Analyses of cDNA Microarray Correlated with Overcompensation in Arabidopsis thaliana
Overcompensation is a mechanism many plant species use to maximize reproductive success in the face of herbivore damage. It is a pattern of re-growth and an increase in reproductive success usually triggered by herbivore browsing of the primary inflorescence. Compensation can be seen as a continuum, ranging from species that under-compensate (decreased reproductive success after browsing) to those that overcompensate (increased reproductive success after browsing) (Paige and Whitham, 1987). Physiological components, modeled as key factors facilitating overcompensation includes a delay in senescence, increased photosynthetic rate, and sustained multiple axillary bud outgrowth. The genetic mechanisms of these components, however, are largely unknown. The purpose of this research then is to use global genomic microarray analyses to uncover the genes responsible for these components. cDNA microarrays will be used to assess the molecular basis driving the physiological components of overcompensation (increased flower, fruit, and seed production) in Arabidopsis thaliana when the primary inflorescence is removed. Many different ecotypes of Arabidopsis -from those that undercompensate to those that overcompensate (following removal of the primary inflorescence) - have been screened. RNA extracted from specific organs of ecotype 907 will be reverse transcribed into cDNA for the final microarray. Differential gene expression found in this ecotype will be examined and used to describe the genes controlling the components of overcompensation. Follow-up experiments can then be designed as part of later studies to test the expression of these genes in specific tissues and developmental stages.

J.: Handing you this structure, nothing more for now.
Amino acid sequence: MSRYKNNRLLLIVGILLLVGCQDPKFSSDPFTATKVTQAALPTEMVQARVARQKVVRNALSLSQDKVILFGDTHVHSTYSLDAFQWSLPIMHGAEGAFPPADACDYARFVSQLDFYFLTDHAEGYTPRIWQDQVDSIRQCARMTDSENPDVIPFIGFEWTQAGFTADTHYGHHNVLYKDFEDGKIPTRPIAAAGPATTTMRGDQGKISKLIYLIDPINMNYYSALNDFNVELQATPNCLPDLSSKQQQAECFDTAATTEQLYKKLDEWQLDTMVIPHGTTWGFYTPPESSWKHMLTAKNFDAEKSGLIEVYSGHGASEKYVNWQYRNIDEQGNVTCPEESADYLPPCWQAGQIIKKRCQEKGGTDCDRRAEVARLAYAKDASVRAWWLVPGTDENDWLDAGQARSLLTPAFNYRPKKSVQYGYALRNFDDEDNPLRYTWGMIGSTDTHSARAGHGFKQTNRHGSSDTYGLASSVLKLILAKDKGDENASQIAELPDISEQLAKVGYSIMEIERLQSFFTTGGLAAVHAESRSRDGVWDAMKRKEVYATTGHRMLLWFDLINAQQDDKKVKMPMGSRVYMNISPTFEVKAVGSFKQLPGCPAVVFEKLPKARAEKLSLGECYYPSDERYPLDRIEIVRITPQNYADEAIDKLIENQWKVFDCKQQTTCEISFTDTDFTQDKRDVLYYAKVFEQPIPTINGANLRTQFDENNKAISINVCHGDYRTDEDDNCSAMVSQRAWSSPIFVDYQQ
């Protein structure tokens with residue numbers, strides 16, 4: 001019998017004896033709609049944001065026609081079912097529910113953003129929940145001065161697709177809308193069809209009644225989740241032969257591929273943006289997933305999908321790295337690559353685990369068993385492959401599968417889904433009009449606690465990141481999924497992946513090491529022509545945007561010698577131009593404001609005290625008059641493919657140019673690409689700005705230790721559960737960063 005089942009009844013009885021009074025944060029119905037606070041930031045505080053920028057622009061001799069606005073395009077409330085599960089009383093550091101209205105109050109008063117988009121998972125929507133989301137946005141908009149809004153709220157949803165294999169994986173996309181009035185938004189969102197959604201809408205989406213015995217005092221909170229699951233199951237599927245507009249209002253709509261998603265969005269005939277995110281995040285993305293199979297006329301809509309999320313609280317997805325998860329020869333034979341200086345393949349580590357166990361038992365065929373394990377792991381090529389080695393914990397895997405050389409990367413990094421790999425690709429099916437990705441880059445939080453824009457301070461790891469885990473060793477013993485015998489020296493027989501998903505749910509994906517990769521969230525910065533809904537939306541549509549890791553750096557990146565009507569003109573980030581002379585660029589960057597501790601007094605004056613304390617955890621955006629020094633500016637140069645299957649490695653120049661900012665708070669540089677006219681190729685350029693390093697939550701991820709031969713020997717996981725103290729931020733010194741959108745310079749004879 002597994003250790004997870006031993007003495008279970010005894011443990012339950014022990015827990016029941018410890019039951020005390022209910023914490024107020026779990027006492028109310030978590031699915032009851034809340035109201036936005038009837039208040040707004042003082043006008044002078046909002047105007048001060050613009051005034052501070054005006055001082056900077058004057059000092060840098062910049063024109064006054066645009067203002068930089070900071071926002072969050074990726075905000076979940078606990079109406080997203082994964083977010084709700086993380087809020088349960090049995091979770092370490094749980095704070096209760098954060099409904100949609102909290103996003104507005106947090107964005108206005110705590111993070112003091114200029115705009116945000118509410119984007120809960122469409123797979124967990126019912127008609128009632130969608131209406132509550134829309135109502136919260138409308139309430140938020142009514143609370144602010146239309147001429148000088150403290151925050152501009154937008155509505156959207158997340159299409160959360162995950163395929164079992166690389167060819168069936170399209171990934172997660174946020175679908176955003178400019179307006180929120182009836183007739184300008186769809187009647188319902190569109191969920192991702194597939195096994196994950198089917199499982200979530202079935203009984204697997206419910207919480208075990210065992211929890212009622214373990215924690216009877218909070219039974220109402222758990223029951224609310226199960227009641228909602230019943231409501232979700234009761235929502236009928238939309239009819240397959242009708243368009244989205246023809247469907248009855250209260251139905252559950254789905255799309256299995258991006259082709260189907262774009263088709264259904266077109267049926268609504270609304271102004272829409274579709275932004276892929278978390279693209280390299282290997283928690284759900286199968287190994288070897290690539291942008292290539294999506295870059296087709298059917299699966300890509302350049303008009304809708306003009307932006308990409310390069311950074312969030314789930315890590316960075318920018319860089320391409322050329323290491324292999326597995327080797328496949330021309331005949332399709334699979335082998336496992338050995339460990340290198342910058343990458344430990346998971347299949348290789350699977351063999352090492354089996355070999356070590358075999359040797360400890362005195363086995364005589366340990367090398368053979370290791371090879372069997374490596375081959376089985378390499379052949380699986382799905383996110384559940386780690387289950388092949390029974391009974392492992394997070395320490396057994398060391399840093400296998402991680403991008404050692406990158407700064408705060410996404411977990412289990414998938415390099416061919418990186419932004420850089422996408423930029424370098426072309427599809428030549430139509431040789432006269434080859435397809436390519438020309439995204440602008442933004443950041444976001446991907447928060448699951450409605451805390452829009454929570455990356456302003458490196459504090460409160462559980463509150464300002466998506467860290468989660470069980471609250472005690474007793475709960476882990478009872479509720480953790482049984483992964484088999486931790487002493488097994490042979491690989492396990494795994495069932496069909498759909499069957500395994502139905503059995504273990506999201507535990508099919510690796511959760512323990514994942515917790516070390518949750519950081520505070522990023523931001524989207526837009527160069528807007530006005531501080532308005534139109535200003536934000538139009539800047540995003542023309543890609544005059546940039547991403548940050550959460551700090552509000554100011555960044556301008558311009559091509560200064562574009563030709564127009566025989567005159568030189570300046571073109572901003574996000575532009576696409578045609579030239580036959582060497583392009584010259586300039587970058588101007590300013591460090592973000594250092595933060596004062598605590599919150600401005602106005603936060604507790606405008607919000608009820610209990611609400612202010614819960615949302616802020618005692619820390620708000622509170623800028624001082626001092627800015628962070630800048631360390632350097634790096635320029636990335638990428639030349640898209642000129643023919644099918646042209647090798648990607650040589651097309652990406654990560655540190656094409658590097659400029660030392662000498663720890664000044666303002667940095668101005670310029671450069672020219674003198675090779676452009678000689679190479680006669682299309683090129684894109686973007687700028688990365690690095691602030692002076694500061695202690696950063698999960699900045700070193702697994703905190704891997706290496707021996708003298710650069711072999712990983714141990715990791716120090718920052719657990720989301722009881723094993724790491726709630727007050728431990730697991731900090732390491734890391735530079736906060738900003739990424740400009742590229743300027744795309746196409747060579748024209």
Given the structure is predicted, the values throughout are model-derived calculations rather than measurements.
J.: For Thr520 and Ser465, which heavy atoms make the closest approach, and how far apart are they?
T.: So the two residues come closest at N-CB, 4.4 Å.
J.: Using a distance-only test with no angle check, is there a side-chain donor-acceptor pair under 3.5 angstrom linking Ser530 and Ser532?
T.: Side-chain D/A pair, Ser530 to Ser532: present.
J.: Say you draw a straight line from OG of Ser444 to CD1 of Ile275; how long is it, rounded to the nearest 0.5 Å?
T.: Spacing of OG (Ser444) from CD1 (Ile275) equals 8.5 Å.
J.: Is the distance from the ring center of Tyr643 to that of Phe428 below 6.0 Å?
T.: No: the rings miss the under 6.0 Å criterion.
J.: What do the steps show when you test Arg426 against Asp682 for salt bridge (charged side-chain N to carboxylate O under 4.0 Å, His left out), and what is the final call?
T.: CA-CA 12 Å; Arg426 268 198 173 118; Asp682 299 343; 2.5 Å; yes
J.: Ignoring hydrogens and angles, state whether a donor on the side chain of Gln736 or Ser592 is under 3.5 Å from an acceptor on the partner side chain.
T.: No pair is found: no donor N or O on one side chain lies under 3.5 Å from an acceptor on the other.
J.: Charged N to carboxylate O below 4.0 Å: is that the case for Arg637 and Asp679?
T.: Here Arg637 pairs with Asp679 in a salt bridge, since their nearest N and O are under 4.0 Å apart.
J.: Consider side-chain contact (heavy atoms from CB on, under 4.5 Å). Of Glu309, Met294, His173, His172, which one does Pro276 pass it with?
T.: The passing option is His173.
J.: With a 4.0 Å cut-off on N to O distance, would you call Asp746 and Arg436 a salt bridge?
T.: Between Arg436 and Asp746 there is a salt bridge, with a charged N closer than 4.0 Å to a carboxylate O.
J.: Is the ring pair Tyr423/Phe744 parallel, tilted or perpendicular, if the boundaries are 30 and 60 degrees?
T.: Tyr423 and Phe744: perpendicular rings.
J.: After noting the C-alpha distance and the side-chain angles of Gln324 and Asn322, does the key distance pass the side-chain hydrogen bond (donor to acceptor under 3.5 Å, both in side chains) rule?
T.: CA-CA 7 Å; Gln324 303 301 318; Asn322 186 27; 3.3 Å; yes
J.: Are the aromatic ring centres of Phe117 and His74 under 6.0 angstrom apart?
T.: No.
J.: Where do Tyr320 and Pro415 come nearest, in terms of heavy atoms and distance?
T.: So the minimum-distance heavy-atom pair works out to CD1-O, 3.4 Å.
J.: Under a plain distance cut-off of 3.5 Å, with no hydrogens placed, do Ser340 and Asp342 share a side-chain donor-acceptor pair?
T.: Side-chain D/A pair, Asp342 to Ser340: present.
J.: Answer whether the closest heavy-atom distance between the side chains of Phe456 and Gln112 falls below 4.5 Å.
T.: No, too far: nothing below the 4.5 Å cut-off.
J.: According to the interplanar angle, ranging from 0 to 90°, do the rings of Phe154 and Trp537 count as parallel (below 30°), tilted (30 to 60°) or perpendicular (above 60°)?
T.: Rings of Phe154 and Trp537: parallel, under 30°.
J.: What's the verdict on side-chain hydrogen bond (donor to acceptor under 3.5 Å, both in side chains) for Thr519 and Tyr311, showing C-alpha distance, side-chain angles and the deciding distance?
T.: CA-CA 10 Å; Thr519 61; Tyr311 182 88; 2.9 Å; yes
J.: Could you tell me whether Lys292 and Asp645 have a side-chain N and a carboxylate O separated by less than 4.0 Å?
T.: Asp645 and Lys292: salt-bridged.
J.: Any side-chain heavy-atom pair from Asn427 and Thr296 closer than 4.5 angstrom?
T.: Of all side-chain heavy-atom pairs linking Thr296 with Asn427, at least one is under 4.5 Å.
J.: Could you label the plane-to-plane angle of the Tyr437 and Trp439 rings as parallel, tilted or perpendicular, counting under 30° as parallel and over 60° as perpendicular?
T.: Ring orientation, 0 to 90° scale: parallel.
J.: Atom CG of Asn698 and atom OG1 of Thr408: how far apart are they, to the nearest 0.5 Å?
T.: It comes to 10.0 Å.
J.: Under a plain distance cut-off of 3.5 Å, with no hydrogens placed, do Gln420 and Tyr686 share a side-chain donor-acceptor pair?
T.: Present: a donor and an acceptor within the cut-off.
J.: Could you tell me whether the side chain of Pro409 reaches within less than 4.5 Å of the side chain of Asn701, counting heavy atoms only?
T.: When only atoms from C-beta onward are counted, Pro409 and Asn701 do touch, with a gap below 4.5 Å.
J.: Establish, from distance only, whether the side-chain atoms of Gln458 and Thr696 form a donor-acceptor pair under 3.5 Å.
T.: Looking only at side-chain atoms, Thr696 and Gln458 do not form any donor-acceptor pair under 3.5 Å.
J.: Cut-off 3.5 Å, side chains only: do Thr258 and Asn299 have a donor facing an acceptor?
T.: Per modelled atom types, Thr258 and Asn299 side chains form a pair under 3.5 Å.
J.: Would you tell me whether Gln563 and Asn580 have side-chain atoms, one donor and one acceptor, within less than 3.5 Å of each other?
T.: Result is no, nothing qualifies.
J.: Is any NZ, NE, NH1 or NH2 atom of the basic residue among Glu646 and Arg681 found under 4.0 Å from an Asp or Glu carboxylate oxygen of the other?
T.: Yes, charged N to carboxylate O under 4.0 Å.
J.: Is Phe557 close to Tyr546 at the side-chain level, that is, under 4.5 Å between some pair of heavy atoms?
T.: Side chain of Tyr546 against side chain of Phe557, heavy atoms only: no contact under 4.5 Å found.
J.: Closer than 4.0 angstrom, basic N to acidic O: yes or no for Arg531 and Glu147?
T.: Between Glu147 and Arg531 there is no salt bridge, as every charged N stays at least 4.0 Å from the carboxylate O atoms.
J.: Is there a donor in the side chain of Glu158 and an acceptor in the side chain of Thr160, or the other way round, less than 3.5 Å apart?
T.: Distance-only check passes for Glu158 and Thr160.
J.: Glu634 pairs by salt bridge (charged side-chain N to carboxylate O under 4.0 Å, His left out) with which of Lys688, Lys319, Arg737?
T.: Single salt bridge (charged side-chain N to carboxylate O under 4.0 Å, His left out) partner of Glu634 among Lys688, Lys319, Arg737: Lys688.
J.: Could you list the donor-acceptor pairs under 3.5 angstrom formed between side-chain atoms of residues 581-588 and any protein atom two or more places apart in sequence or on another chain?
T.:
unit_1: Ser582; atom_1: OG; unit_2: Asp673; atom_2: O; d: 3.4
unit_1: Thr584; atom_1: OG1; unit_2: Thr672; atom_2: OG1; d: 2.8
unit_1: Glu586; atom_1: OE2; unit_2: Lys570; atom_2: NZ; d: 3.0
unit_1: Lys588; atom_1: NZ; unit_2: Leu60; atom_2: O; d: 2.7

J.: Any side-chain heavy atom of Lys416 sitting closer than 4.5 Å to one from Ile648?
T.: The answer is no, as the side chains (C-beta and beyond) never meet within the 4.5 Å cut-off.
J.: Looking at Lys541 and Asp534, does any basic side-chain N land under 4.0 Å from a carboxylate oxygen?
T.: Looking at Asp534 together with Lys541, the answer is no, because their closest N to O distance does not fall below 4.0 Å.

University of Illinois at Urbana-Champaign
Prof Ken Paige
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